The debate with Harris will be a major test. The former California prosecutor's political rise was fueled by searing exchanges with political rivals during major congressional hearings. And she is certain to press the issue of the virus and Trump's diagnoses when the two meet in Salt Lake City.

“That will be his challenge. But it is one he is well-suited for,” said Cam Savage, a veteran Republican strategist from Indiana who has closely observed Pence’s political career. “With Pence you get a very disciplined leader who is not likely to make mistakes.”

One major uncertainty is what sort of condition Trump will be in during the weeks ahead. His administration has offered rosy assessments of his health, but Trump's blood oxygen level abruptly dropped twice in recent days and he was given supplemental oxygen before his hospitalization.

There are also concerns that Pence could himself could catch the virus while campaigning, a troubling scenario that raises serious questions about national security and the transfer of power if either he or Trump took a turn for the worse.

After the debate, Pence says, it’s back to “business as usual” and the campaign has appearances planned for him, as well as Trump’s children and other top surrogates, in an effort billed as “Operation MAGA.” Pence is slated to visit Arizona and Florida and will return to Indiana on Friday to vote early.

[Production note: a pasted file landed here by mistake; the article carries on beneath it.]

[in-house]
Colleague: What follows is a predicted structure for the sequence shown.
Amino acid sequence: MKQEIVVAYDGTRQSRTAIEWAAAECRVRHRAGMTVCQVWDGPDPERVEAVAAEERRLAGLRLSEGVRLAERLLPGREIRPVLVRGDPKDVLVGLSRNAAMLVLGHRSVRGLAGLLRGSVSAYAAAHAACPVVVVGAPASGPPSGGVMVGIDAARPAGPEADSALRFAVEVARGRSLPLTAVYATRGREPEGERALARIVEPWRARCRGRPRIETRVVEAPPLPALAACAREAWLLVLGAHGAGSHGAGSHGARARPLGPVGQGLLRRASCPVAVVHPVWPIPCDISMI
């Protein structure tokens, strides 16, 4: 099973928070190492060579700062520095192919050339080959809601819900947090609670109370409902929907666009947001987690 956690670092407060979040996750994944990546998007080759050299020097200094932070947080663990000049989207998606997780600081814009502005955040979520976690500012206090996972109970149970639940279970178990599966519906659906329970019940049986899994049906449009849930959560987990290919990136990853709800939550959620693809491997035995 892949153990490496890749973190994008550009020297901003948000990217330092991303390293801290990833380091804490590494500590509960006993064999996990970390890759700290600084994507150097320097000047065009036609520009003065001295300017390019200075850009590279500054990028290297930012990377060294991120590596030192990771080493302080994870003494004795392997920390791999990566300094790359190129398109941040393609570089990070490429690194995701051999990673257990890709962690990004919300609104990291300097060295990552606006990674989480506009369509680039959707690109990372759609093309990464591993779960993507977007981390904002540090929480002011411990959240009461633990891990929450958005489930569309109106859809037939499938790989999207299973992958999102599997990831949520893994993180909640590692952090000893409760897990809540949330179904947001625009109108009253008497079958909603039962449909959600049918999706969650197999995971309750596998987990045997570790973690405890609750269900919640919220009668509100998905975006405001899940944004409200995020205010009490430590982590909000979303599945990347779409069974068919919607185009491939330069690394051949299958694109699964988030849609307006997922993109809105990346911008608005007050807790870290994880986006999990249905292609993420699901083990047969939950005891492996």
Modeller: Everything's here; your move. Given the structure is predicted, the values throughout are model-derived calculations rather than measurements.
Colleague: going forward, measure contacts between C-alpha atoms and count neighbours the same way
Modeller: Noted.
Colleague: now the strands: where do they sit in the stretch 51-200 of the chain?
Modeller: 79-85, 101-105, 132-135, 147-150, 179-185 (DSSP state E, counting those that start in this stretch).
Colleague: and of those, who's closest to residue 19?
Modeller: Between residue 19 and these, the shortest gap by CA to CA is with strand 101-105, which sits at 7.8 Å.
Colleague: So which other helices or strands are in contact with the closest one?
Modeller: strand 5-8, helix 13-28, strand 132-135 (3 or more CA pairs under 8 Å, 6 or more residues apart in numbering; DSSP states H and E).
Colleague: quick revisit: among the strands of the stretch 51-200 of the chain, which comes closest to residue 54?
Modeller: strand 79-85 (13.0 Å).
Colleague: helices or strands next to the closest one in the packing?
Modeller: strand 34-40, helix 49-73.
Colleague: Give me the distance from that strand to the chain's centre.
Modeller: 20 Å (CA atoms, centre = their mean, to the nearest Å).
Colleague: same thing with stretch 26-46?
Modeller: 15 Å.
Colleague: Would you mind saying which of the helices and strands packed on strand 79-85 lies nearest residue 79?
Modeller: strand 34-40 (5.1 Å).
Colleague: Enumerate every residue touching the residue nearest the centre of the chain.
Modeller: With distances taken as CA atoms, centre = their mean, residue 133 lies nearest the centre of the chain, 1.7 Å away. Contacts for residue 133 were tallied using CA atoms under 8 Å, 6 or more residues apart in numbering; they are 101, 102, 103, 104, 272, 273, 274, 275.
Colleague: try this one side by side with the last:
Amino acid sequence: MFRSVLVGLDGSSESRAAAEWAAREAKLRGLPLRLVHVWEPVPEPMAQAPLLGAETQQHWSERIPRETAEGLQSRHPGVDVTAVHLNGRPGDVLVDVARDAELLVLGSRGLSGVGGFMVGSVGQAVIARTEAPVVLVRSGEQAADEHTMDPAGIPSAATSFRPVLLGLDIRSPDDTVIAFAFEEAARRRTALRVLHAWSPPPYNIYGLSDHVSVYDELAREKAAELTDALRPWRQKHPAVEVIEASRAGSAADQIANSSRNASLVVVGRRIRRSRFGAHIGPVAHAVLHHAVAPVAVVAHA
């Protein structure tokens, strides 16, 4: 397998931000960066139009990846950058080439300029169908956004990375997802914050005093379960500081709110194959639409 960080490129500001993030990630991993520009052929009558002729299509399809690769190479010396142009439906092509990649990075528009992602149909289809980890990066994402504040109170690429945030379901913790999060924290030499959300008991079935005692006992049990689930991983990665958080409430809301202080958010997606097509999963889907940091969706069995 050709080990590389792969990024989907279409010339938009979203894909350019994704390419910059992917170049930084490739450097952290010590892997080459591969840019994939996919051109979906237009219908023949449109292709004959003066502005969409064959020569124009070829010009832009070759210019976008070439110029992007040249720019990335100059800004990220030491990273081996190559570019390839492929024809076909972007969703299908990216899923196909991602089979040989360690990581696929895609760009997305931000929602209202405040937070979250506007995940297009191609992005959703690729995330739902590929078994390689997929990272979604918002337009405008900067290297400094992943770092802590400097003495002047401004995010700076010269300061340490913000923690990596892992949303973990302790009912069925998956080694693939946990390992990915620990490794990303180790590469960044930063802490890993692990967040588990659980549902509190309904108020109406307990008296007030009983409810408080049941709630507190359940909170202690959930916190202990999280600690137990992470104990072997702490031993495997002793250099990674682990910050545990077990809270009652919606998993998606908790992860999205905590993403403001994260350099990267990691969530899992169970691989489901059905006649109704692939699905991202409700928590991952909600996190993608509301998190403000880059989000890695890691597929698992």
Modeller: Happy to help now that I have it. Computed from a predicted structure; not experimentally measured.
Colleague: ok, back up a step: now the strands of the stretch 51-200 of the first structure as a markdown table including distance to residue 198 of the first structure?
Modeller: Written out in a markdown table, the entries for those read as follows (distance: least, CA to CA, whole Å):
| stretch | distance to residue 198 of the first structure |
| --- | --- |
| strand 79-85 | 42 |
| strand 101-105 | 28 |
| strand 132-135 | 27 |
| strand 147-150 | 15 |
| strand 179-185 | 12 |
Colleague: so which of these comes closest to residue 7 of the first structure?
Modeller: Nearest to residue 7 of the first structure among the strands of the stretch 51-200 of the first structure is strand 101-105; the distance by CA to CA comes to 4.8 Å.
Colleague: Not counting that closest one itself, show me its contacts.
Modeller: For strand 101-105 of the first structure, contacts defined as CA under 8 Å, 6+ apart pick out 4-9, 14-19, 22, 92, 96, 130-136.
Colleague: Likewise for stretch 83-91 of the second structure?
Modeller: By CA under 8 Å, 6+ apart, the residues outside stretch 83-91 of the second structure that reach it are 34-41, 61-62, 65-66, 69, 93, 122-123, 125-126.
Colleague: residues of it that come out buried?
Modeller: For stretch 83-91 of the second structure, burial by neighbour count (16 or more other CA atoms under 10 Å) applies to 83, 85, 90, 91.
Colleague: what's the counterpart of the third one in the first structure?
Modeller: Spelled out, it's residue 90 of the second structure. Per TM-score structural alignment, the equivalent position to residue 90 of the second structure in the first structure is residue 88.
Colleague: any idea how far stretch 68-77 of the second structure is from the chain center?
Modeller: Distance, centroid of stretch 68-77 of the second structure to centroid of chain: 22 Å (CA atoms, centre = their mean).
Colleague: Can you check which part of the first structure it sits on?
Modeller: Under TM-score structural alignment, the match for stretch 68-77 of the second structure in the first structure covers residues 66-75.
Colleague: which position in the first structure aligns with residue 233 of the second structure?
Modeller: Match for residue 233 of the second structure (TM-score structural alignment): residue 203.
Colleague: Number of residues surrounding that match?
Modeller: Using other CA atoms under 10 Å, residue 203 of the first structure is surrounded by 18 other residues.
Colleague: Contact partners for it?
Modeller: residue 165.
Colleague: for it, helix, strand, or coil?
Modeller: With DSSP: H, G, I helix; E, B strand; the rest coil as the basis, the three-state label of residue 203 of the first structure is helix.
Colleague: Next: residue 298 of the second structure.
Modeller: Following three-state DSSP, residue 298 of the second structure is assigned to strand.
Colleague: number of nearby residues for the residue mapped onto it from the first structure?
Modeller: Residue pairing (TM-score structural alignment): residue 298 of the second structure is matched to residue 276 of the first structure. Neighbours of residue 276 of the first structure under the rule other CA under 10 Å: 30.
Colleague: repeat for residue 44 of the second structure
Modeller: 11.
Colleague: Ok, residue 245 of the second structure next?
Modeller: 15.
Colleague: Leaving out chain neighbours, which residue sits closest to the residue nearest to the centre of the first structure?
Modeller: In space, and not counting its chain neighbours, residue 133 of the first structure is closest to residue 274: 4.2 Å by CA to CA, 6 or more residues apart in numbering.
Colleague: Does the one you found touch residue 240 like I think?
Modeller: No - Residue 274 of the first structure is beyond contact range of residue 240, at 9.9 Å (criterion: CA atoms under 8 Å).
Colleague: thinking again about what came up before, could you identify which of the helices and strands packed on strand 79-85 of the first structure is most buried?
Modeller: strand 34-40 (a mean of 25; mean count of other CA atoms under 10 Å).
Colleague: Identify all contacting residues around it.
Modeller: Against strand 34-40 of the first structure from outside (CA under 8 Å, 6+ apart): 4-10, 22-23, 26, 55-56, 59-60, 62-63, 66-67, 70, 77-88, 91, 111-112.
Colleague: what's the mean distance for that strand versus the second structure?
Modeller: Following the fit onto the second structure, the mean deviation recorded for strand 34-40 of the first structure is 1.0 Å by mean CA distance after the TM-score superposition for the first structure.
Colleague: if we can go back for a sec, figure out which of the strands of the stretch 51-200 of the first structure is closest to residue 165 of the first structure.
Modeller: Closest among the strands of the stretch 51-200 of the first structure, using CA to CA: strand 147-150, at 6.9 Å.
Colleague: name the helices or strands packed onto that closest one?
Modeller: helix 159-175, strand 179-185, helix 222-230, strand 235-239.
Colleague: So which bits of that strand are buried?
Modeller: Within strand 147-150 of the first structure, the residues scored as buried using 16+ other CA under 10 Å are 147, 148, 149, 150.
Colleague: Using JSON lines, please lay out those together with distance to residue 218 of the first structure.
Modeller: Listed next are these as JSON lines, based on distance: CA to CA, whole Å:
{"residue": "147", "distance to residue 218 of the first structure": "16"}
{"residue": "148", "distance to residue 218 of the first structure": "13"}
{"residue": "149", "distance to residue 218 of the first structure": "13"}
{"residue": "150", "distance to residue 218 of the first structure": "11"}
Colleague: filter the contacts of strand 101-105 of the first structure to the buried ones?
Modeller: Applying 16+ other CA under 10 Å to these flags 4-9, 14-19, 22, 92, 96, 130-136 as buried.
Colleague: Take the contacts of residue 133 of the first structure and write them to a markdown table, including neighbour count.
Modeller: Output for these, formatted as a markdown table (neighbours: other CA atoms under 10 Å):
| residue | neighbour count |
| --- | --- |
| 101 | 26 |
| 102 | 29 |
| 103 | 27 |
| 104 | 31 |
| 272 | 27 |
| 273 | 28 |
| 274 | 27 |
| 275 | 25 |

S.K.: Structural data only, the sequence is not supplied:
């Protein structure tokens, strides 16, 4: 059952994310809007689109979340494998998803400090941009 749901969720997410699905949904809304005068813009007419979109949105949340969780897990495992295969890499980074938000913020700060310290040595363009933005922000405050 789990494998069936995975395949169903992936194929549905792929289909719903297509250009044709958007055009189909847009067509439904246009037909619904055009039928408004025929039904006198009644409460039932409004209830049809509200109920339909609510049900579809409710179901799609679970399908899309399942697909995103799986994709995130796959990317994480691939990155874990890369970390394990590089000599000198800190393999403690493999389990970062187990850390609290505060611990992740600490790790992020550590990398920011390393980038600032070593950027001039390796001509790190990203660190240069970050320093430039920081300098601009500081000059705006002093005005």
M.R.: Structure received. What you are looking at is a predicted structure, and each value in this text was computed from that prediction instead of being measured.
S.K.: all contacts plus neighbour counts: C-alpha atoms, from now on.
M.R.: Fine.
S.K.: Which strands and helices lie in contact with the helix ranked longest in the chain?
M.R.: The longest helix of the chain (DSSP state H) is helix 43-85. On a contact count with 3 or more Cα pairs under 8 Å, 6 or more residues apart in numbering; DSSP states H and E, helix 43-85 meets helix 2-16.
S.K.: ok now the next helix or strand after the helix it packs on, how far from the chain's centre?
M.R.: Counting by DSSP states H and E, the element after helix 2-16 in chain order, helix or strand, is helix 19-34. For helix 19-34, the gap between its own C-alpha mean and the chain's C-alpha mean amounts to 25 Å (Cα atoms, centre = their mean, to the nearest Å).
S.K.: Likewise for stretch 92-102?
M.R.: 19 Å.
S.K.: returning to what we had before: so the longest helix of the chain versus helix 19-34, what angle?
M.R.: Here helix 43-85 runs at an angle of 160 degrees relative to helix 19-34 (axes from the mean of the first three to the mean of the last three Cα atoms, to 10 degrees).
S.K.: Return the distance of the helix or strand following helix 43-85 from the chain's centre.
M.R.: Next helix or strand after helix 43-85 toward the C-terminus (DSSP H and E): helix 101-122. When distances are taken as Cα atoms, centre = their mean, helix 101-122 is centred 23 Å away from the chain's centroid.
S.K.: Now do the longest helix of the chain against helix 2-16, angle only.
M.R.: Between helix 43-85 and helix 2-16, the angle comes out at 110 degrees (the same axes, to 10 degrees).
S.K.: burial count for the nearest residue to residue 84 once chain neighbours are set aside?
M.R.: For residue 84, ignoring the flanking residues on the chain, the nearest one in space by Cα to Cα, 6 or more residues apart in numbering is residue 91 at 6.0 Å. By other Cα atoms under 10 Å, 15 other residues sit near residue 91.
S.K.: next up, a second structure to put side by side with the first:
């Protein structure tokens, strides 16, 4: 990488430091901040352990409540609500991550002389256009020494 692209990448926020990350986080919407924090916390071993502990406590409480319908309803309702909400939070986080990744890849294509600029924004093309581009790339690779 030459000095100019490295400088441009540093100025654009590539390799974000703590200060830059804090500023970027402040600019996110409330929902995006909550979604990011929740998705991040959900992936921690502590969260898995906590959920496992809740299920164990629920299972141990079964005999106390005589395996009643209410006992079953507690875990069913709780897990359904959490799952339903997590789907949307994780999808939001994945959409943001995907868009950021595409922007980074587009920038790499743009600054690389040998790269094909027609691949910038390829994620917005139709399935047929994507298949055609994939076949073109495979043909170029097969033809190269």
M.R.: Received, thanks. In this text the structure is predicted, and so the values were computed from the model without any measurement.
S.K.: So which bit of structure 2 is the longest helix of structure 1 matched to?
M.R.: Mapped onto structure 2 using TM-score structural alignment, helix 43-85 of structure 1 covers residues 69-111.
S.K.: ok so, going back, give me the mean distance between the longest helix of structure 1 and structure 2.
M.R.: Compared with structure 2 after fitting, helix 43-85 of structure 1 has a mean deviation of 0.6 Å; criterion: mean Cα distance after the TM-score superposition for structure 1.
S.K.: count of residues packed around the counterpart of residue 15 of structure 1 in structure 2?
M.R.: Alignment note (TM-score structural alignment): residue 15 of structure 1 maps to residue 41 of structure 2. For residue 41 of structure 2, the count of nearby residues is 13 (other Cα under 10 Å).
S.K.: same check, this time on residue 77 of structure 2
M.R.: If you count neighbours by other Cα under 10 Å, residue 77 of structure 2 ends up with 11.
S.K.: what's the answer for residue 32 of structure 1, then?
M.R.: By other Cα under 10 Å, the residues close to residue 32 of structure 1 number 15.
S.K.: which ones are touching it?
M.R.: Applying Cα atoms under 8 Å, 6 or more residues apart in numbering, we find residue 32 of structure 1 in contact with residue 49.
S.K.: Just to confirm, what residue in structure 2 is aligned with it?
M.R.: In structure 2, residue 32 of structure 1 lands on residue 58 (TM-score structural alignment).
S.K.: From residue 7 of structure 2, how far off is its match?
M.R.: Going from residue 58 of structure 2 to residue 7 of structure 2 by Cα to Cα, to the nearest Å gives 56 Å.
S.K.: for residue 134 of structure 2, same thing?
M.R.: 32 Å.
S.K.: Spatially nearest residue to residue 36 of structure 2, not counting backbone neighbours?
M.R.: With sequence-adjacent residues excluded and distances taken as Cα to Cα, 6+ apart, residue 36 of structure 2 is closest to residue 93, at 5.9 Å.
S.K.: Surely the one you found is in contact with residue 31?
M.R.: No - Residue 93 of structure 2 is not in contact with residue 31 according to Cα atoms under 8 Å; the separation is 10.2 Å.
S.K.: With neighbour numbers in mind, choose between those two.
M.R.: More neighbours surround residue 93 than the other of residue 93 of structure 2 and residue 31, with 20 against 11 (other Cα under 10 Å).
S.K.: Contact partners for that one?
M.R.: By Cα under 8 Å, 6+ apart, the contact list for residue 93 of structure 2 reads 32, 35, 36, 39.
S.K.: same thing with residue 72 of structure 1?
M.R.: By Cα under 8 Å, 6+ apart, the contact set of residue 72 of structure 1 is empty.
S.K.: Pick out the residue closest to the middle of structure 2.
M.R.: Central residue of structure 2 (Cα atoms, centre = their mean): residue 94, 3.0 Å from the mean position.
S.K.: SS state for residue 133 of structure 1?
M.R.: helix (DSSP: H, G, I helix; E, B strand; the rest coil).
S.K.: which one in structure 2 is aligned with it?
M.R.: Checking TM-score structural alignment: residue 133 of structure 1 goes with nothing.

“We’ve got a campaign to run,” Pence said Saturday on a call with staff. “I promise you, this president, as soon as his doctors say so, he’s going to be back out there.”

Pence often evokes faith when describing his approach to public office, citing the biblical concept of “servant leadership.”

He has been a faithful servant to Trump since he was plucked from a difficult bid for reelection as governor to join the presidential ticket in 2016.

Though Pence has long-held presidential ambitions, his own political career was on the ropes.

The former congressman turned governor had a dismal approval rating. His enthusiastic support for religious conservative cultural issues alienated moderate Republicans and drew threats of boycott of the state. And he faced a difficult reelection battle against the same Democrat that he narrowly beat in 2012.

His selection for the Trump ticket removed him from a lackluster campaign that leaned heavily on car racing metaphors that often fell flat even though the state has a deep affinity for the sport and is home to the Indianapolis 500.

As Trump's envoy to religious conservatives, Pence quickly revitalized his political prospects. Often referencing the Supreme Court, Pence reminded fellow religious conservatives that the future makeup of the judiciary would be determined by the 2016 winner — a prediction poised to become reality with Trump's nomination of Amy Coney Barrett to replace liberal icon Ruth Bader Ginsburg.

At times, Pence's defense of Trump involved few words.

After the “Access Hollywood” video emerged in 2016 of Trump talking in lewd terms about grabbing women by their genitals without consent came to light just days before a debate, Pence's mere return to the campaign trail was a signal of support.

Whether Trump secures another term or not, Pence is a likely Republican presidential contender in 2024. His handling of the challenges before him could be a determining factor in what his future will bring.

"We will find out in the next few days whether Pence will be a leading candidate in 2024,” said Conant, the Republican strategist.


Associate Press writer Jill Colvin contributed to this report.